Graph Representation Learning: The Free eBook
This free eBook can show you what you need to know to leverage graph representation in data science, machine learning, and neural network models.
Graph analytics and the use of graphs in machine learning has exploded in the past few years. If you need a jumping off point to learn more about this field, we have just the free eBook you're looking for: Graph Representation Learning.
Written by William L. Hamilton of McGill University, the book is currently in prepublication draft form. It can be downloaded from the website in a single booklength PDF or separate single chapter PDFs.
At a very high level, the book aims to do the following:
This book is my attempt to provide a brief but comprehensive introduction to graph representation learning, including methods for embedding graph data, graph neural networks, and deep generative models of graphs.
But why graphs?
Graphs do more than just provide an elegant theoretical framework, however. They offer a mathematical foundation that we can build upon to analyze, understand, and learn from realworld complex systems. In the last twentyfive years, there has been a dramatic increase in the quantity and quality of graph structured data that is available to researchers. With the advent of largescale social networking platforms, massive scientific initiatives to model the interactome, food webs, databases of molecule graph structures, and billions of interconnected webenabled devices, there is no shortage of meaningful graph data for researchers to analyze. The challenge is unlocking the potential of this data.
What do graphs have to do with machine learning, and how do these pieces fit together for this book?
This book is about how we can use machine learning to tackle this challenge. Of course, machine learning is not the only possible way to analyze graph data. However, given the everincreasing scale and complexity of the graph datasets that we seek to analyze, it is clear that machine learning will play an important role in advancing our ability to model, analyze, and understand graph data.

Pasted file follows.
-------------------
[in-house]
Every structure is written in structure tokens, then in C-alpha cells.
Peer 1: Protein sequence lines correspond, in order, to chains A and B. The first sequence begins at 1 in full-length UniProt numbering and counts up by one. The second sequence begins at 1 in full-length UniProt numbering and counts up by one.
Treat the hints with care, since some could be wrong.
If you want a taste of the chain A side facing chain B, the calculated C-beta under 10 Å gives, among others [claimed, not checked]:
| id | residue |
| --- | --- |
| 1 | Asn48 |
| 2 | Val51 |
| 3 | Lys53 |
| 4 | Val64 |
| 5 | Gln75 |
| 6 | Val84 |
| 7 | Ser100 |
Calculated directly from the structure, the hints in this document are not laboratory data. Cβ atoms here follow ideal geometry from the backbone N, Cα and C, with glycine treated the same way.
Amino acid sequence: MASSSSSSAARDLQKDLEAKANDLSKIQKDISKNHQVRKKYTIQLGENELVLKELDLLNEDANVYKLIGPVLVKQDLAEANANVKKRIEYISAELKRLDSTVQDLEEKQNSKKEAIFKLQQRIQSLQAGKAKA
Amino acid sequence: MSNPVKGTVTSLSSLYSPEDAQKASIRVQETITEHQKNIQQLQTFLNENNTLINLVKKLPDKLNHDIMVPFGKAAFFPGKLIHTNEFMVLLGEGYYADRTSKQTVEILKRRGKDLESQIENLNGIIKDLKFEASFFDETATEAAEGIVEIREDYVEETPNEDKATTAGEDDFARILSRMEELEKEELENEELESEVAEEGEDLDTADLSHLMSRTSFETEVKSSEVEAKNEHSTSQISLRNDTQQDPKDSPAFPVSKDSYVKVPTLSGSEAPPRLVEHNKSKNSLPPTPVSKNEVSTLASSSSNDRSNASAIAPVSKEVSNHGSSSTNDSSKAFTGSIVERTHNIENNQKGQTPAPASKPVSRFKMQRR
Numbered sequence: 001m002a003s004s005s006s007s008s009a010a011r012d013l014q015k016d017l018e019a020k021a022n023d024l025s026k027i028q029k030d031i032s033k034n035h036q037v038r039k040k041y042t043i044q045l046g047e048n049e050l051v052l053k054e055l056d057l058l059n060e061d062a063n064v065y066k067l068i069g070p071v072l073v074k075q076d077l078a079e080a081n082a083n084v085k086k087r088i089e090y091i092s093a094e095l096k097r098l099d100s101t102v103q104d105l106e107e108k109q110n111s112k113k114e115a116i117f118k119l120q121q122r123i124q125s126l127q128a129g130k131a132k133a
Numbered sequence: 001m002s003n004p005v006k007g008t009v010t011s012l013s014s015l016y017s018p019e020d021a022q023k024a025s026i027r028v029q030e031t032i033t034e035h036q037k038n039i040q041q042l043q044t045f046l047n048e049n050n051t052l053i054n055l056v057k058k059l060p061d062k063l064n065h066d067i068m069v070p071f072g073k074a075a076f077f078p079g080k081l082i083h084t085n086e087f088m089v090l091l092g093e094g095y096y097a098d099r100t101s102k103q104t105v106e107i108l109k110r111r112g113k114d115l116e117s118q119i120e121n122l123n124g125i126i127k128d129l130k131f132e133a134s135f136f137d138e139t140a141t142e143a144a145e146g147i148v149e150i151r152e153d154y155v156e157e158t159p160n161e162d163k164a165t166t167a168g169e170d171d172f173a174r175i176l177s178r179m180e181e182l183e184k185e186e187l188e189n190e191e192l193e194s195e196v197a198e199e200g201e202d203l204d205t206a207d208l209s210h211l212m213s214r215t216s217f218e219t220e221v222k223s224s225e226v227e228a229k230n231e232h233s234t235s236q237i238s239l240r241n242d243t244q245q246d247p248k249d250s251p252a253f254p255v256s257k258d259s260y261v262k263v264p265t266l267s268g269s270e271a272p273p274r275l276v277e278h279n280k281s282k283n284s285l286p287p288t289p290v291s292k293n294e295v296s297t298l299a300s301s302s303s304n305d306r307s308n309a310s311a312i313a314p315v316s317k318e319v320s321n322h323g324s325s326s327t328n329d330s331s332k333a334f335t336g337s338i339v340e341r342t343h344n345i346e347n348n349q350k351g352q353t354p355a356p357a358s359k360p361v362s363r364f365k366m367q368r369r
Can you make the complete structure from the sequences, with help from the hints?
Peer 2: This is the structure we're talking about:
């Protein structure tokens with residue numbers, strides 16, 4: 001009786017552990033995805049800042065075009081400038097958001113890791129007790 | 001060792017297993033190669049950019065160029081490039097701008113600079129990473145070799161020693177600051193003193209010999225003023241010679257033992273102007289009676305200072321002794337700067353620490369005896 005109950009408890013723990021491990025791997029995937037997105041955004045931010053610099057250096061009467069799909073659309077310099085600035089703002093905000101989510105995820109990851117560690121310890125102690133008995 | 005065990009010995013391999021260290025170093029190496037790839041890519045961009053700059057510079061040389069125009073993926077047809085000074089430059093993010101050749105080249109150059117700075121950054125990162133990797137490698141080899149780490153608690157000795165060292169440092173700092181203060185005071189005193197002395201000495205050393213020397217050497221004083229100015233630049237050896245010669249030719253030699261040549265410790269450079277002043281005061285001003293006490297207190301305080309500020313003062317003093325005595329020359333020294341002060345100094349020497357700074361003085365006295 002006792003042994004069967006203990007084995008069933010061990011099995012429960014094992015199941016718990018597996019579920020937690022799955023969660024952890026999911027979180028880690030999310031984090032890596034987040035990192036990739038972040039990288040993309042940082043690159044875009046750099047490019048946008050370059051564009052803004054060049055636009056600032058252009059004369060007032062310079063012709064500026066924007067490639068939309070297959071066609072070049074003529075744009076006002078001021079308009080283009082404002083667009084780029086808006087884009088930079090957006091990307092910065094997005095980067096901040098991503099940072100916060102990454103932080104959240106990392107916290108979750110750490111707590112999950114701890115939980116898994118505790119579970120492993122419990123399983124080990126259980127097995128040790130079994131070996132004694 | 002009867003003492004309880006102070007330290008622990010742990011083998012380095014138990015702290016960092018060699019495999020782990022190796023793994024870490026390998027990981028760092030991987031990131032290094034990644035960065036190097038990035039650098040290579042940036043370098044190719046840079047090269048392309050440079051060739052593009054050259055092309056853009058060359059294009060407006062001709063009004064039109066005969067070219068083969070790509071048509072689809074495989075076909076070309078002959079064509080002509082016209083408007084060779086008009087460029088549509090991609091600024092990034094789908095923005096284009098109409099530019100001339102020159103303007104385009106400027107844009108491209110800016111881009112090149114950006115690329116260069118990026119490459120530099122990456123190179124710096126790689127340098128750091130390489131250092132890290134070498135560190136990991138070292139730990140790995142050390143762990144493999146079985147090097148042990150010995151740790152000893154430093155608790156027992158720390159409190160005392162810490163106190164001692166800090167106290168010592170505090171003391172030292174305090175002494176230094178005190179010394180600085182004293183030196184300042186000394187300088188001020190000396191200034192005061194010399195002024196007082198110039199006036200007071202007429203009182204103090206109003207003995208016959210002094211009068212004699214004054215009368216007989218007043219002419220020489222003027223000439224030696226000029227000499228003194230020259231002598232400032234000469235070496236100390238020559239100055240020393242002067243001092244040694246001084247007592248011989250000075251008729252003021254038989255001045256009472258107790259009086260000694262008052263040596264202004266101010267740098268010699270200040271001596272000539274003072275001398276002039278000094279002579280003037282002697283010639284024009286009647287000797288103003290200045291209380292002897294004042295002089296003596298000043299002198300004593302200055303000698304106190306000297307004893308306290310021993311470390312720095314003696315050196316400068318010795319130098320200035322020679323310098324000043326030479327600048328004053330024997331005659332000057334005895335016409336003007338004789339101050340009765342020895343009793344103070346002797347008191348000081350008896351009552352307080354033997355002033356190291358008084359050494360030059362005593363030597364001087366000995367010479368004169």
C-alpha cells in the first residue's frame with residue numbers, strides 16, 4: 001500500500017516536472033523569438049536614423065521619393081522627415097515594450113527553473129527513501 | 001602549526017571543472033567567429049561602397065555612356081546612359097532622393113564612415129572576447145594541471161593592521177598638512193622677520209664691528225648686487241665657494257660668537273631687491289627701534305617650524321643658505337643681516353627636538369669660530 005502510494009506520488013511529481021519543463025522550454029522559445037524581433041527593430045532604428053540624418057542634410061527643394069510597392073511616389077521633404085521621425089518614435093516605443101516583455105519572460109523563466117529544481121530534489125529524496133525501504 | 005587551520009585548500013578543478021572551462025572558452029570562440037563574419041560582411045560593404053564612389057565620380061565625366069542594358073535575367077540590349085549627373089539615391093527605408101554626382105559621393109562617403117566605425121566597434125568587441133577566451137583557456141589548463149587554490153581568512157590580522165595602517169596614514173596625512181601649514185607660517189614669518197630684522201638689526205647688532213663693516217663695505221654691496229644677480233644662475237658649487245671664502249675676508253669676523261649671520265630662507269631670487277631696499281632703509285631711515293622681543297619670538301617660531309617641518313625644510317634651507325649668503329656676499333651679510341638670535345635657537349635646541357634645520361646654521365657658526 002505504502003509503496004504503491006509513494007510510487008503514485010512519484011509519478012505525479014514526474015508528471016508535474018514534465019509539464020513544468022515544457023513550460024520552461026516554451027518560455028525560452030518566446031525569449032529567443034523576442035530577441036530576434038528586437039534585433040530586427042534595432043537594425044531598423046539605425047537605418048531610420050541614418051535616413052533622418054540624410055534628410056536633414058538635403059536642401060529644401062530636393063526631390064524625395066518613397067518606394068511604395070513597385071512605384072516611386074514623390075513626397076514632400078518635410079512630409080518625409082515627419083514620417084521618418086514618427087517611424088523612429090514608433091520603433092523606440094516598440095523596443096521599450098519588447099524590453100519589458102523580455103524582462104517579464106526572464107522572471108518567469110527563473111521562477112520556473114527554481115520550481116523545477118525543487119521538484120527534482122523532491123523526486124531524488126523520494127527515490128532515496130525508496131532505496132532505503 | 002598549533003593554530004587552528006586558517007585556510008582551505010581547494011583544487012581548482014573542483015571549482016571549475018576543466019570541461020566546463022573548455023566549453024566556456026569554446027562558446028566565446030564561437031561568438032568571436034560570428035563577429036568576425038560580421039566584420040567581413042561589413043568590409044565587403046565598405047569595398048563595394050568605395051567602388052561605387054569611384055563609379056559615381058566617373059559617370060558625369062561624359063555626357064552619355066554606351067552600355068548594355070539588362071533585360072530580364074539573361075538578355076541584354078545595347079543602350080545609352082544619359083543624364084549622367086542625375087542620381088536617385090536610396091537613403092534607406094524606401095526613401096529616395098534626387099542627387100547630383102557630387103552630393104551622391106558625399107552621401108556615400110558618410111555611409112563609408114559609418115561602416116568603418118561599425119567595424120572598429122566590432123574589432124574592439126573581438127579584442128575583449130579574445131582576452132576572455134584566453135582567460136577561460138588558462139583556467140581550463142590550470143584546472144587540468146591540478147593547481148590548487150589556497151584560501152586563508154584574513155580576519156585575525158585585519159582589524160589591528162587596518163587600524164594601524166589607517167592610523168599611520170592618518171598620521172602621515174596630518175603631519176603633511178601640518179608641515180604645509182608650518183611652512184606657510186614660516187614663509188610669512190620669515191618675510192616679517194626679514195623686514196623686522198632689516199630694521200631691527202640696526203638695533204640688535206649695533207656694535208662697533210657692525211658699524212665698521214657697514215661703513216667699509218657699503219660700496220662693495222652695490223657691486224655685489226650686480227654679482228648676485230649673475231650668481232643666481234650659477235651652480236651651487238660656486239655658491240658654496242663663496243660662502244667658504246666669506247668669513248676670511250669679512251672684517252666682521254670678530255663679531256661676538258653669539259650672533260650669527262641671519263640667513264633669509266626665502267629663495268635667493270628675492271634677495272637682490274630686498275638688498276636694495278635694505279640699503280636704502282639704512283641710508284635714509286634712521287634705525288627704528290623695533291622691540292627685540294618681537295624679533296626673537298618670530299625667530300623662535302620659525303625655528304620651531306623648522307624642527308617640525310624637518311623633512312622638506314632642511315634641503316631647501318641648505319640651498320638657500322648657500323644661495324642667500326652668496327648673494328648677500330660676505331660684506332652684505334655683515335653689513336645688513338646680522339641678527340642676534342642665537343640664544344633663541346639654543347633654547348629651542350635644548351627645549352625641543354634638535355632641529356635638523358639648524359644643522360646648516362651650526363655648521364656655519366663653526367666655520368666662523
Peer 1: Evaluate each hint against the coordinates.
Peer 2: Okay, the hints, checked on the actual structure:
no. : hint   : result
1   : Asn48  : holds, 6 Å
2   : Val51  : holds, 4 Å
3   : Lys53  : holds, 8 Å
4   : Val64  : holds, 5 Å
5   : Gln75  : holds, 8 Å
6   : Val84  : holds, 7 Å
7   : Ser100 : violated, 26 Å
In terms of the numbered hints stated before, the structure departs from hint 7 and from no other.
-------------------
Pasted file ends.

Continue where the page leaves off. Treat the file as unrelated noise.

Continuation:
For a better understanding of what topics the book covers, here is its table of contents:
 Introduction and Motivations
 Background and Traditional Approaches
Part I: Node Embeddings
 Chapter 3: Neighborhood Reconstruction Methods
 Chapter 4: MultiRelational Data and Knowledge Graphs
Part II: Graph Neural Networks
 The Graph Neural Network Model
 Graph Neural Networks in Practice
 Theoretical Motivations
Part III: Generative Graph Models
 Traditional Graph Generation Approaches
 Deep Generative Models
If you are interested in learning about graph representation, or how graphs are utilized in machine learning, data science, or neural networks, this book is likely for you. DO yourself a favor and check out the freely available prepublication now. If you are then interested in purchasing a copy of the book, either physical or digital, you can do so here.
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